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TitleNewly-recognized lowstands of the Laurentian Great Lakes signal their sensitivity to changed climate
AuthorLewis, C F M; Blasco, S M
SourceAtlantic Geoscience Society Abstracts: 2008 Colloquium & Annual General Meeting; Atlantic Geology vol. 44, 2008 p. 23-24
Alt SeriesEarth Sciences Sector, Contribution Series 20070517
MeetingAtlantic Geoscience Society 34th Colloquium and Annual General Meeting; Dartmouth, NS; CA; February 1-2, 2008
AreaGreat Lakes
Subjectsenvironmental geology; hydrogeology; surficial geology/geomorphology; Nature and Environment; environmental studies; environmental impacts; lake water depths; surface waters; lake water; recharge rates; Holocene; hydrologic environment; climate change
ProgramEnhancing resilience in a changing climate
AbstractToday the Great Lakes are collectively ranked as North America's largest freshwater reservoir. Their five basins support a total population of >33 million persons, and host well-developed activities and facilities for shipping, industry, power production, fishing, recreation, and municipalities. Their monthly mean levels have varied little more than ± 1 m during 150 years of instrumental measurement, and thus appear relatively stable. Together, the lakes contain 23,000 km3 of water, and their watersheds add about 1 % of this volume annually, derived from precipitation and runoff. Overflow from this positive water balance sustains major rivers and shipping canals between lakes, and discharges to the St. Lawrence River. In a similar way, geologists and paleo-hydrologists have always considered the paleo-Great Lakes to have been overflowing bodies of water since their formation during retreat of the last (Laurentide) ice sheet. This paradigm of continuous abundant water supply is shown to be false by recent findings of early Holocene lowstands, indicated by submerged tree stumps, beaches, and spillways, buried erosion surfaces, infilled river valleys, and a new analysis of differential glacio-isostatic uplift. Comparison of the early Holocene lake level, based on the original elevations of all dated lake-level indicators, with the uplift history of possible outlets, revealed an episode of low water level tens of meters below outlets about 7,900 14C (8,800 cal) BP, possibly a few centuries long. Lakes without outflow can only be explained by a dry climate in which water losses by evaporation exceeded water additions by precipitation and runoff.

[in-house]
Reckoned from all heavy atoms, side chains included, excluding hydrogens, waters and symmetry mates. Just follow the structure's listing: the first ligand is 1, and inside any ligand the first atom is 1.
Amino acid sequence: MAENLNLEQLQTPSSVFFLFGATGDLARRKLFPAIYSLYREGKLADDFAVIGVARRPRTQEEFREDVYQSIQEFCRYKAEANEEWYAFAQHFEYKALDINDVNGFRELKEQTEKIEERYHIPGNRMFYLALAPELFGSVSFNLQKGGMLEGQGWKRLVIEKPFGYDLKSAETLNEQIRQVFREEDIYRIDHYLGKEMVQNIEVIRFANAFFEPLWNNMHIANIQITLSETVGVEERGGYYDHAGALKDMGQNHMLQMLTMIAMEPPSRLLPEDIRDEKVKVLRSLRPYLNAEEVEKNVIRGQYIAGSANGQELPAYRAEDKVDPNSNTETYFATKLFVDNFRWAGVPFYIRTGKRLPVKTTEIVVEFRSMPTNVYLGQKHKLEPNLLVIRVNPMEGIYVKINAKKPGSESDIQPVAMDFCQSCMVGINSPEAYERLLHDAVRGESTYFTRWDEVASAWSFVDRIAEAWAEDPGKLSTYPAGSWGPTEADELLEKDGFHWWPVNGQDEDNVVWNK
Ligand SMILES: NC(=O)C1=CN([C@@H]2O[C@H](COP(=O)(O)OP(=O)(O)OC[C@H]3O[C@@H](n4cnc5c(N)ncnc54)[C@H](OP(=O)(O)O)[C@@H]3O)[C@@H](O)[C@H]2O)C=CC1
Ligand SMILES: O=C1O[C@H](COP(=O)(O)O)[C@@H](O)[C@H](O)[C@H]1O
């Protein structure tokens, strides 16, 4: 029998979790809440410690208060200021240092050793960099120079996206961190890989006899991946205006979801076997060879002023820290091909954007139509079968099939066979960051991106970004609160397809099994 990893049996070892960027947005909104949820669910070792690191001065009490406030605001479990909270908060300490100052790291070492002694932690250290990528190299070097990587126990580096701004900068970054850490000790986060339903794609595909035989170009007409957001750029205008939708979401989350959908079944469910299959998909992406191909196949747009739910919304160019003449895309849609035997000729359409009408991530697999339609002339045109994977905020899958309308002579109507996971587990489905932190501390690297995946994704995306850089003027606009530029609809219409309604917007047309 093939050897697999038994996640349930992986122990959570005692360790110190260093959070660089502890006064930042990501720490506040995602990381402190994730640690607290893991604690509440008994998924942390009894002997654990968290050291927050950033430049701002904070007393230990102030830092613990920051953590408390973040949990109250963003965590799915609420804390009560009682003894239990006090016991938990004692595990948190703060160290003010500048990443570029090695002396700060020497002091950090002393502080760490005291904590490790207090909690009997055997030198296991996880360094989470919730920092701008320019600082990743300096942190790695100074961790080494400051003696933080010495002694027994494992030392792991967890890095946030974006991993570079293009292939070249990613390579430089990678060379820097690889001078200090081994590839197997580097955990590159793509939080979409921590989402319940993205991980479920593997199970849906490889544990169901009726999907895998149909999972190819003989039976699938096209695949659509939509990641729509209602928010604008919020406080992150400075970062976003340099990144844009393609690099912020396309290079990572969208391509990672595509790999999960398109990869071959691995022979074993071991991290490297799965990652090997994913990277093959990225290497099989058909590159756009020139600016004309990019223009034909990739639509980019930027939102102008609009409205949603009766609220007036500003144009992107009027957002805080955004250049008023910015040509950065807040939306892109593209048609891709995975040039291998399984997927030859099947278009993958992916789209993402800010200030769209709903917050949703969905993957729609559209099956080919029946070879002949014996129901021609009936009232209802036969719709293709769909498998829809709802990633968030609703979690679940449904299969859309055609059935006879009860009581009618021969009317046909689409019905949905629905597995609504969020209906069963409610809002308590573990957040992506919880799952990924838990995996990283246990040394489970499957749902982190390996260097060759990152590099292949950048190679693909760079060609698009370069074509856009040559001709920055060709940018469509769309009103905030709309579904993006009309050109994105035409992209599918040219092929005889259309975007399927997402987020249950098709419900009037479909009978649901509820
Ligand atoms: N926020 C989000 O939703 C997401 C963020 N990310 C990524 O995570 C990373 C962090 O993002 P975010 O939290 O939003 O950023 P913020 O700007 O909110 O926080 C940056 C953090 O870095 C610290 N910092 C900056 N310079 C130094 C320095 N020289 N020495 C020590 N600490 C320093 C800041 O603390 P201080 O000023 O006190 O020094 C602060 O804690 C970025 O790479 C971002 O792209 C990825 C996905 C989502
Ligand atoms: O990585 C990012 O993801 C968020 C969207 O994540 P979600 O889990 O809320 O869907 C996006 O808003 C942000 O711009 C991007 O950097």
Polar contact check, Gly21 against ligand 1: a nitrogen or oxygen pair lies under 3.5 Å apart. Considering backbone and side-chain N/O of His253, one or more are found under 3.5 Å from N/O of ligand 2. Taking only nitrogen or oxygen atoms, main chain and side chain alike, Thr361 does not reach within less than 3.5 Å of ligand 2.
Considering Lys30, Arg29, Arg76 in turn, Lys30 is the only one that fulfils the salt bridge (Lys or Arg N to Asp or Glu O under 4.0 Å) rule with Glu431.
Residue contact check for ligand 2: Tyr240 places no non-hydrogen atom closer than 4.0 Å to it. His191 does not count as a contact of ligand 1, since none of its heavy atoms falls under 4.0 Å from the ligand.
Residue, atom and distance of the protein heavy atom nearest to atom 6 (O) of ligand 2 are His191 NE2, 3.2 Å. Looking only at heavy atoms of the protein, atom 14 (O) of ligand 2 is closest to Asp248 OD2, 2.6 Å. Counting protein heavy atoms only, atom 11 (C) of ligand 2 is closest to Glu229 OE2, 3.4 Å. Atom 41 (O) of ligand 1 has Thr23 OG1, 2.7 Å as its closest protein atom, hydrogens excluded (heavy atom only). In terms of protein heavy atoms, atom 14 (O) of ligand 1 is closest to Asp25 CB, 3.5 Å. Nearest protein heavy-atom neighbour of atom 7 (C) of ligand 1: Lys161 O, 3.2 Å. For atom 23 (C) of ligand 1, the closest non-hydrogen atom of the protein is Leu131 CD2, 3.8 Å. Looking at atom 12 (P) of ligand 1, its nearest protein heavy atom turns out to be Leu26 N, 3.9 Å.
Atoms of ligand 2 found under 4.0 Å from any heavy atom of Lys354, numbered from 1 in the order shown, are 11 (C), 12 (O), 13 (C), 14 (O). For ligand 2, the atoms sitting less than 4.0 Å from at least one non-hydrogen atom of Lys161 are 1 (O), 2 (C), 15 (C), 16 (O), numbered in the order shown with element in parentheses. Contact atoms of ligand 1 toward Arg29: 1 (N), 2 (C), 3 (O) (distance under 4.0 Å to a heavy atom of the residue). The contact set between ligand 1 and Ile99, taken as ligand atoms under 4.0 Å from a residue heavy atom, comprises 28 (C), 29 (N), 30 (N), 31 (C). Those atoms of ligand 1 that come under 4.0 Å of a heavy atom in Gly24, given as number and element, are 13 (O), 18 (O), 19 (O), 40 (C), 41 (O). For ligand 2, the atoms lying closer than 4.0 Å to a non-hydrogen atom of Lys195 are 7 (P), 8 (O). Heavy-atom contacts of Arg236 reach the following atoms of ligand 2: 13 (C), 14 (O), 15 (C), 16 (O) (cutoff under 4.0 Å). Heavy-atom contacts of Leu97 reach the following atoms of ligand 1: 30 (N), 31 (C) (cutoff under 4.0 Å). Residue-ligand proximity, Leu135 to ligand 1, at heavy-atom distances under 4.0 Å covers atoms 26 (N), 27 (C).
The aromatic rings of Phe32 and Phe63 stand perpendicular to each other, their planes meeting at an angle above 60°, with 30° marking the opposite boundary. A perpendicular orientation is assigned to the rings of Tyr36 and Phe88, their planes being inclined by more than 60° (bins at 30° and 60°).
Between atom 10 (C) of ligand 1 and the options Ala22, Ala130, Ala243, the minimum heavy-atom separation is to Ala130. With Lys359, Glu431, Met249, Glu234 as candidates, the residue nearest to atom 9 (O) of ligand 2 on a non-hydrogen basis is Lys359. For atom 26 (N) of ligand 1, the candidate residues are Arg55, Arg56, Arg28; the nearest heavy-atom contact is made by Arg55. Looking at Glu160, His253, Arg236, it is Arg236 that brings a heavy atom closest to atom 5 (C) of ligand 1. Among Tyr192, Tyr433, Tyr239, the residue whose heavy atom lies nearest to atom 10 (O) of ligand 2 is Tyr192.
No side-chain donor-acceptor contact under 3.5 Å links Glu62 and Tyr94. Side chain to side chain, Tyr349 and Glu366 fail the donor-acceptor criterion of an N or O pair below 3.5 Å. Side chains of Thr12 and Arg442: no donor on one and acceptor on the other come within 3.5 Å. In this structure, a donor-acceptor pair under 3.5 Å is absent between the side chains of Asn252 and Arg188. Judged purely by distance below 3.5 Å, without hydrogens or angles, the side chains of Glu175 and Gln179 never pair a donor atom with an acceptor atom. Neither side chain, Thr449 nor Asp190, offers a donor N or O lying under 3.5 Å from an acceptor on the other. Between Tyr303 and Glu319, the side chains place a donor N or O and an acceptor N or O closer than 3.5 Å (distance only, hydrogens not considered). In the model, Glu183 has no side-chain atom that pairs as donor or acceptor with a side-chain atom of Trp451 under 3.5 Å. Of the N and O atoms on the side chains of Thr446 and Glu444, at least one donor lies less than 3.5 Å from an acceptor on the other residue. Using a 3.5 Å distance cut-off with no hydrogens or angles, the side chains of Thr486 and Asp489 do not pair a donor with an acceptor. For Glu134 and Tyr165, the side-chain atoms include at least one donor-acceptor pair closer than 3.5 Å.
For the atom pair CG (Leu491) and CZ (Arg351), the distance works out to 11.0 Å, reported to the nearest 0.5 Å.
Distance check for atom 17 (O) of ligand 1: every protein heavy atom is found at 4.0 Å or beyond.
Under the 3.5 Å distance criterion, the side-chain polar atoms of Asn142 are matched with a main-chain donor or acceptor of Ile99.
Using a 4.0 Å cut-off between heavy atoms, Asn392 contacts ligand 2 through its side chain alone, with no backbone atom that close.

The discovery that the Great Lakes entered a phase of negative water balance in a dry climate with low water levels below outlets, and hence without connecting rivers, signals the sensitivity of these lakes to climate change, and that significant reductions in lake level relative to current societal usage should be expected as climate in the Great Lakes Basin warms in future. Modeling and prediction of future levels requires confident knowledge of the sensitivity of the Great Lakes hydrology to climate change. An opportunity to add to this knowledge is possible by further research and quantification of this new phase of early Holocene climate and closed lakes.